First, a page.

The court heard the boy suffered severe facial injuries, requiring immediate emergency surgery, in an incident that occurred late last year.
The parents of the injured child made formal complaints to both local gardaí and the local council dog warden. The dog is still alive.
However, they were informed by those parties that the incident could not be investigated because it occurred on private property.
The family taking the action cannot be identified by order of the court.
The dog, it is claimed, was owned by an associate of the boy's father.
The alleged attack occurred when the boy and his father were visiting the dog owner's home.
The parents are unhappy with the authorities' responses and in their High Court action claim that the 1986 Control of Dogs Act is flawed, and unconstitutional.
They claim that the 1986 Act entitles persons attacked by a dog in a public place to certain legal protections and entitlements, including the issuing of fines, penalties and destruction orders by the courts in respect of dogs not kept under control.
However, they claim that the act does not afford those same protections to a person, who is lawfully present as a visitor in a dwelling house, attacked by a dangerous dog belonging to that property's owner.
They claim that from a public and common-good perspective it cannot be the case that the State is prevented from investigating a dog attack that takes place in circumstances like what they say happened to their son.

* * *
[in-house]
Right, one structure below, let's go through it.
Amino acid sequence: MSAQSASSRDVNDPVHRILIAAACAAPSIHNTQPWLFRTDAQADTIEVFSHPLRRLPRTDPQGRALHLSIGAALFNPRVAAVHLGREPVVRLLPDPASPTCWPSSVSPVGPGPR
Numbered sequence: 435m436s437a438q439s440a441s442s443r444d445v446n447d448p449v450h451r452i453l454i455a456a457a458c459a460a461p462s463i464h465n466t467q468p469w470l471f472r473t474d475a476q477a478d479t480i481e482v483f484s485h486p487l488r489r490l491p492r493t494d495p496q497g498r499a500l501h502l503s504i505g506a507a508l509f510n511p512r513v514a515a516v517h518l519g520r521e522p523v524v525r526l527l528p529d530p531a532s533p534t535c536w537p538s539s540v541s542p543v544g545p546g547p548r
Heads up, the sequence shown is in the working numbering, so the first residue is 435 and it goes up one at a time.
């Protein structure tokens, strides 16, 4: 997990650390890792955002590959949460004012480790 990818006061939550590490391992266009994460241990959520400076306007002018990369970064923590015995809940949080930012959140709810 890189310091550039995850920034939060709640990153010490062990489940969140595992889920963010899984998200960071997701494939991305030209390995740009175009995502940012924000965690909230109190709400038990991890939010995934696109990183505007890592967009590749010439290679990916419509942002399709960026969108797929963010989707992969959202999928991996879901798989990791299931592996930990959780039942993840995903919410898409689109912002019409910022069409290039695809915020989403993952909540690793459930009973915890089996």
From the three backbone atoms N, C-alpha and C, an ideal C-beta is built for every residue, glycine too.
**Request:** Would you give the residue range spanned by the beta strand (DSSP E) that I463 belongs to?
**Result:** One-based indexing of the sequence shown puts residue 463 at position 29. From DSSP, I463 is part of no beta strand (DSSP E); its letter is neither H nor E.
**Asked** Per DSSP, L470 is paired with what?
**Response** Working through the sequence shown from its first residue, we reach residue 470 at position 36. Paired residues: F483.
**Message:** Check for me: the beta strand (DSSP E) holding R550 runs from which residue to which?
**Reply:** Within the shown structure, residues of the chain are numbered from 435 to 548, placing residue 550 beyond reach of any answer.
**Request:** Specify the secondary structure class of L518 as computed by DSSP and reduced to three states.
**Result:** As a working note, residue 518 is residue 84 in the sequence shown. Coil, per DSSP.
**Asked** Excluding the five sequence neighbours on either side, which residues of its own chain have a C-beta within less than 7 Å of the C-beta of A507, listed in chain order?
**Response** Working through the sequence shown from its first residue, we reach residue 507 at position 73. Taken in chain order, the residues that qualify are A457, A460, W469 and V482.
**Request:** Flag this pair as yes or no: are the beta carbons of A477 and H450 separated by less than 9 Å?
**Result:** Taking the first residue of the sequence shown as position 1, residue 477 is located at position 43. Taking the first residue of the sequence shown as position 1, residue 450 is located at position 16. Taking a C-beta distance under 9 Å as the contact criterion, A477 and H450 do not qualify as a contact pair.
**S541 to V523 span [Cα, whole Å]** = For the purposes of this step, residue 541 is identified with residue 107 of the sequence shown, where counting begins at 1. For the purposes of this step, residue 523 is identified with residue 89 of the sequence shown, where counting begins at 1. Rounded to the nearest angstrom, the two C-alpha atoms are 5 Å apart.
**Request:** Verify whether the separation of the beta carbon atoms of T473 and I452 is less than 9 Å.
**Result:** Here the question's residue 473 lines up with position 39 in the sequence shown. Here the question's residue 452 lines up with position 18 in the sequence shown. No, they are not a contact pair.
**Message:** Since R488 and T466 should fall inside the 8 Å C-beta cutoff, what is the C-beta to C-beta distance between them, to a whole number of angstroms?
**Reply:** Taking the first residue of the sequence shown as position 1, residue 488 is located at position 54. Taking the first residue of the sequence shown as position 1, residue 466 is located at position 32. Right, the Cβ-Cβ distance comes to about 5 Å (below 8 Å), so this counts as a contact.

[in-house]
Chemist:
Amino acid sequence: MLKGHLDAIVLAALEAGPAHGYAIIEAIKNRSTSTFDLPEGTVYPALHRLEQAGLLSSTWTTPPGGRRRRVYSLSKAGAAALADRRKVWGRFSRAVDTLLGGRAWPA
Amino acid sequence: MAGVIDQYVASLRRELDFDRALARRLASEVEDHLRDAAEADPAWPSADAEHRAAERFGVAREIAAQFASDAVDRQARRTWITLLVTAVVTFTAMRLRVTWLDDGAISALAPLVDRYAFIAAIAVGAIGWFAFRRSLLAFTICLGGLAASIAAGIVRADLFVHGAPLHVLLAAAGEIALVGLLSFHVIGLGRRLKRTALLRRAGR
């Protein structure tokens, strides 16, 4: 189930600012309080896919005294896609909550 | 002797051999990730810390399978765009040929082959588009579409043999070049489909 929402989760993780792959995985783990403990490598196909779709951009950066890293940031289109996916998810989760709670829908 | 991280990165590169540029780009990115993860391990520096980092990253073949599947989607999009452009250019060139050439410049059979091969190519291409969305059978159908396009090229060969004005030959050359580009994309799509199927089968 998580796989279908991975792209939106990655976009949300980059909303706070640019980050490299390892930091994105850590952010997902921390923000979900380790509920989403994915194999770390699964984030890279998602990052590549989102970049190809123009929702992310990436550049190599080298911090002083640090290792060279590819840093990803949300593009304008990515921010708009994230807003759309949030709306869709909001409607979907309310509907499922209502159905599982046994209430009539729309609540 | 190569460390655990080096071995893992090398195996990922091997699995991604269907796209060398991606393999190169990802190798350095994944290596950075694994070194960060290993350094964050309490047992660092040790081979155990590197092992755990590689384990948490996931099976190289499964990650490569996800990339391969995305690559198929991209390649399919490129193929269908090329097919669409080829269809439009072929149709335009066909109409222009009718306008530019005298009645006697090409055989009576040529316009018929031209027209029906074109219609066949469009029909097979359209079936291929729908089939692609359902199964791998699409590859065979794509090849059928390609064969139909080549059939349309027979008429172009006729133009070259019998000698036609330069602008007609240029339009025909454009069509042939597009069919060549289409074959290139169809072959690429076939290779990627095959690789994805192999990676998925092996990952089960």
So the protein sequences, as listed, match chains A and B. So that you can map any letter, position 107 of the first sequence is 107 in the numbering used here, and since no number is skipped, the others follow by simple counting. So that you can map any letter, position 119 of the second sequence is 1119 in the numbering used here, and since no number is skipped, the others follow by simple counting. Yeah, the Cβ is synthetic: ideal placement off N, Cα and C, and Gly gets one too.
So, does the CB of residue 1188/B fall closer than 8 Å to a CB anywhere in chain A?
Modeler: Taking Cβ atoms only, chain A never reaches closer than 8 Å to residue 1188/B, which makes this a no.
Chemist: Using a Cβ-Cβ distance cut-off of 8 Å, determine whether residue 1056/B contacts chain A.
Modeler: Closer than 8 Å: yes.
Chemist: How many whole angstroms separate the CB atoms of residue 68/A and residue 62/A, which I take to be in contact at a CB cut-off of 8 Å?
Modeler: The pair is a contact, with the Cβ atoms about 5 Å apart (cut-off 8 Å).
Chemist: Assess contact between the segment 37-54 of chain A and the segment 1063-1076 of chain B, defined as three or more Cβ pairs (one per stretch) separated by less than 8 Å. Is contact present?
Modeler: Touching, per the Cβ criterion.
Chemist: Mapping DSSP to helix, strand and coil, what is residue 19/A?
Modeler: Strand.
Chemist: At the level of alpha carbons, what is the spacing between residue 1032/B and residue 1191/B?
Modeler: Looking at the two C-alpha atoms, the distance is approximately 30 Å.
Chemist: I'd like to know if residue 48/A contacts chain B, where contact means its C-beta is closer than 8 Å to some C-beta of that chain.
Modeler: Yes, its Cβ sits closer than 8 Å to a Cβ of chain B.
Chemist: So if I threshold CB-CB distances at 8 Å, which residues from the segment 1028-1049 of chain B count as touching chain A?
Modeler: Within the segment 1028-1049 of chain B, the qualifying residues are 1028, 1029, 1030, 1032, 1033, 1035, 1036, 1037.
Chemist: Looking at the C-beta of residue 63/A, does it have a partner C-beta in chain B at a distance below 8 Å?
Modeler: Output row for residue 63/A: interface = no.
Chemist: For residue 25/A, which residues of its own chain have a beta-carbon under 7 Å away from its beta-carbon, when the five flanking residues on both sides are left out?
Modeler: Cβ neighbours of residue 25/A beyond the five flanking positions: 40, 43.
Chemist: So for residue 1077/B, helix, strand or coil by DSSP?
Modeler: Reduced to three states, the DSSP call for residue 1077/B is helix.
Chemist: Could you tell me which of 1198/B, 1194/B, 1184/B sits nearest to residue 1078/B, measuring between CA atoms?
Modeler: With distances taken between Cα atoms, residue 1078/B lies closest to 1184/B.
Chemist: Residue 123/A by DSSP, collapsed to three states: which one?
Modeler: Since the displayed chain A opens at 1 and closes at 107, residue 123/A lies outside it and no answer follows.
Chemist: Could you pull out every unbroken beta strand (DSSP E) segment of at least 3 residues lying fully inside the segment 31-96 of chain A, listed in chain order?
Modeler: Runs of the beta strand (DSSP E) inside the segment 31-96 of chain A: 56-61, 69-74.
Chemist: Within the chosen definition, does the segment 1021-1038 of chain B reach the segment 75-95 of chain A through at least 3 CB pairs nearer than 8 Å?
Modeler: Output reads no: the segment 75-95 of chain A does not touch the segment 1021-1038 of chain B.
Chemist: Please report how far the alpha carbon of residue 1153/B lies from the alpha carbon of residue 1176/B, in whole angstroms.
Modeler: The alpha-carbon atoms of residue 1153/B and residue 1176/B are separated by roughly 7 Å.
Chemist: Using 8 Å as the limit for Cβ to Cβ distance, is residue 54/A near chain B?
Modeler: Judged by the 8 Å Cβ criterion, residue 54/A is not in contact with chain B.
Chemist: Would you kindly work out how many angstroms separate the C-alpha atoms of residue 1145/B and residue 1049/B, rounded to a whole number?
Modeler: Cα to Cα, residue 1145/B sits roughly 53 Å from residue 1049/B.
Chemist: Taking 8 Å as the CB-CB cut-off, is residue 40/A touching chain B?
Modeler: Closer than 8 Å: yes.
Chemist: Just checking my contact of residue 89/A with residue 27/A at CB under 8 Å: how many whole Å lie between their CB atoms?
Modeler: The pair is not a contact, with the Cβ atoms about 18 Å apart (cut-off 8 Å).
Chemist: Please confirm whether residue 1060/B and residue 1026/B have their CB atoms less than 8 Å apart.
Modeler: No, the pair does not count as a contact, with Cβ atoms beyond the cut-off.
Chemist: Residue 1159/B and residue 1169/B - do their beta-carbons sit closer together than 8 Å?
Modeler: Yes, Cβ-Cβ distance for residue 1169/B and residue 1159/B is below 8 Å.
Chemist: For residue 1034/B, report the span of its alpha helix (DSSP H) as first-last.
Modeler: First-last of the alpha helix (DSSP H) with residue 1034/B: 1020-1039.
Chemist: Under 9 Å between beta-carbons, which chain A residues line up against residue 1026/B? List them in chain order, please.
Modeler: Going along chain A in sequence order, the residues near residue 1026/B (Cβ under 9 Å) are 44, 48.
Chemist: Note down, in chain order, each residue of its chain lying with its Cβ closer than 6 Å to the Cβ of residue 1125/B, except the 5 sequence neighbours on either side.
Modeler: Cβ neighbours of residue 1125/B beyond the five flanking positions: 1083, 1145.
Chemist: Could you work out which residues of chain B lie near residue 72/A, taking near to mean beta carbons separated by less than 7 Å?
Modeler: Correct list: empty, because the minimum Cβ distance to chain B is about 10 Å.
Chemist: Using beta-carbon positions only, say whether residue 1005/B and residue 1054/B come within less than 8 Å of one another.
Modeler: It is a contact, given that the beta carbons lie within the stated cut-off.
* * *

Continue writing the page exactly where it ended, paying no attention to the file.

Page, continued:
Where a complaint relates to an attack on a child, they claim that the State must act to ensure such an incident is not repeated.
The boy's parents believe that the incident should be investigated, on the grounds that criminal offences under the Control of Dogs Act and 1997 Non-Fatal Offences Against the Person Act have occurred.
Represented by Derek Shortall SC, instructed by solicitor Ciaran Mulholland, the judicial review proceedings are against the local council, the Garda Commissioner and the State.
They seek various orders and declarations including that sections of the Control of Dogs Act are repugnant to the Constitution, and to the European Convention on Human Rights as they fail to protect the applicants' fundamental rights to bodily integrity, fair procedures and are discriminatory.
They further seek declarations that the gardaí and the local council's refusal to investigate the matter amounts to a breach of their duty to investigate such complaints and a failure to vindicate the applicants' rights.
The matter came before Mr Justice Charles Meenan today.
The judge, on an ex-parte (one side only represented) basis, granted permission to bring the challenge.
The matter will return in October.